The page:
“Ah, you have chosen a powerful sword, indeed. That is ‘Vindicta,’ the sword of revenge!'”

The two faced each other for a tense moment, Tenaci in full battle posture and Peritus standing as if he were waiting for foot traffic to pass before crossing a road. Like a bolt of lightning, Tenaci made his move. As he lifted Vindicta above his head and prepared for a mighty blow, Tenaci cried out in surprise and pain and let the sword drop from his grasp. What strange magic had switched the sword end-for-end in his hands? No longer was he tightly griping the hilt, but the blade!

“Perhaps not the blade for you. Please, chose another,” offered Peritus.

Tenaci walked over the the table and examined his choices more closely. Peering back at Peritus with a suspicious eye, Tenaci chose a much lighter sword. The hilt looked the same as his previous choice, but the blade was thinner and flexible. Again, he marveled at the craftsmanship. The balance in this blade was remarkable.

“Interesting choice,” said Peritus. “That is ‘Invidia,’ the sword of envy.'”

Again, the two faced each other as before, Tenaci in full battle posture and Peritus casually waiting. Maneuvering into position, Tenaci prepared for a whip strike across Peritus’ face. Faster than an eye can blink, he made his move. But again, before he scarcely began to swing Invidia, Tenaci cried out in pain and released his grip on the sword which sailed harmlessly across the courtyard, clattering to rest at the main gate. As with Vindicta, Invidia had switched end-for-end while in his grasp.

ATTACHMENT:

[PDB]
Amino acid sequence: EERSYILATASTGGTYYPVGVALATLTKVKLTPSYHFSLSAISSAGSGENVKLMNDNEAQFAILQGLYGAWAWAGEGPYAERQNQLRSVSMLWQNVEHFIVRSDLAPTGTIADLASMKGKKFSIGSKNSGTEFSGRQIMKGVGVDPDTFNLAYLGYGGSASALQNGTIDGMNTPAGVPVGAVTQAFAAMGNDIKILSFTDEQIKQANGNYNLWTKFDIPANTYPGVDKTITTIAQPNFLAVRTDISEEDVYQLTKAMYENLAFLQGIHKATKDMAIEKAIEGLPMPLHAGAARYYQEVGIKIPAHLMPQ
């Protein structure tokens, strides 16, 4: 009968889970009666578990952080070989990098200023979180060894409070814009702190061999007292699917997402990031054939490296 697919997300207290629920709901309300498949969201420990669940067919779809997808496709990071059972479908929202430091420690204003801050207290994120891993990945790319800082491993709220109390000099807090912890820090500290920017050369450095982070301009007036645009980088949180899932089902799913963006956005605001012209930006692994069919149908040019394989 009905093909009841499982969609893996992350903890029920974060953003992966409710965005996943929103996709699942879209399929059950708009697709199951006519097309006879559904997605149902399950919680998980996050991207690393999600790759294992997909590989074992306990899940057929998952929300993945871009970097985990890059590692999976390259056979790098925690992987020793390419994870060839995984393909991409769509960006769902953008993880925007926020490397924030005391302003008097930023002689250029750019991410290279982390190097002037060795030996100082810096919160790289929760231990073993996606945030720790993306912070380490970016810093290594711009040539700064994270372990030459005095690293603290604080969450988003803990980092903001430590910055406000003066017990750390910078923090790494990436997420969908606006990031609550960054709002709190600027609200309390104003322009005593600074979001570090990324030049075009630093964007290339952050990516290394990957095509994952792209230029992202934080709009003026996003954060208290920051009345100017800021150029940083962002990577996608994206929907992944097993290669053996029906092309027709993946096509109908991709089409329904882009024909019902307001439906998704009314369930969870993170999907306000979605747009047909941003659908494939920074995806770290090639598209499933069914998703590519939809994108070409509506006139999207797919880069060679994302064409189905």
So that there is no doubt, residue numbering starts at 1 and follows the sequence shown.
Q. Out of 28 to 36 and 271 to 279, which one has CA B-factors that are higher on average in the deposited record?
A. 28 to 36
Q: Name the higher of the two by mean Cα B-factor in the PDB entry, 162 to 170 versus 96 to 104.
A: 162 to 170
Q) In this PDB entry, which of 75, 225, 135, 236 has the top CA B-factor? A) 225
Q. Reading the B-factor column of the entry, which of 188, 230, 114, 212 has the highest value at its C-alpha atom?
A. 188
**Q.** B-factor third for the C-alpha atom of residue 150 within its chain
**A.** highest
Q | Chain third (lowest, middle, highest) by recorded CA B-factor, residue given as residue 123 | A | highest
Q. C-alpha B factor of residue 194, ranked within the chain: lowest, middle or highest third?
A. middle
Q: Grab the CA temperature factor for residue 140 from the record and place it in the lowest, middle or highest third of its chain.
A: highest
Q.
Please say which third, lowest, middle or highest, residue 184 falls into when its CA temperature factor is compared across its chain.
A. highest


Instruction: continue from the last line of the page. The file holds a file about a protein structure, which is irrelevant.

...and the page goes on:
“Chose another?”, suggested Peritus.

Looking down at his bleeding hands, “I think not,” replied Tenaci. “Your table full of tricky swords.”

“Here, then, is your first lesson. You know much less than you think you do,” stated Peritus. “And for your second, look at the table once again and tell me what you see in this collection of swords that is common to all of them.”

Tenaci stood before the table for many hours. Scrutinizing every detail, but the blades were all different – length, thickness, weight, edge, shape. He could discern no common element. As the sun set, the waning rays of light struck the table in a way that illuminated a simple inlay of gold and silver on the hilt of each sword. Only then did Tenaci see that every hilt was identical.

“I see the common element!”, exclaimed Tenaci.

“That handle goes by many names,” explained Peritus. “‘Misericordia’, ‘Gratia’, ‘Remissio’, to name a few. Compassion, gratitude, and forgiveness. It isn’t the blade you hold. You hold the handle and the handle holds the blade. Unlike all the other swords in the world, these are honest and virtuous. If your heart if filled with revenge or anger or hate, then the weapon transforms so that you are holding the end that matches your wishes.”

“I don’t see the sense in that,” snorted Tenaci. “What good is such a weapon? If I am angry or vengeful or afraid or feel the need to deliver justice, then those blades should serve me! If the blade turns on me than I’m the only one hurt! If I can only use a sword with forgiveness or compassion in my heart, why would I ever draw such a sword?”

As he turned to leave, Peritus nodded to Tenaci and said, “Lesson three.”


Image credit: Richard Westall – own photograph of painting, Ackland Museum, Chapel Hill, North Carolina, United States of America, Public Domain, https://commons.wikimedia.org/w/index.php?curid=3437614

Tools for Practice

Building the tools you need to develop a skill will also deepen your understanding of that skill.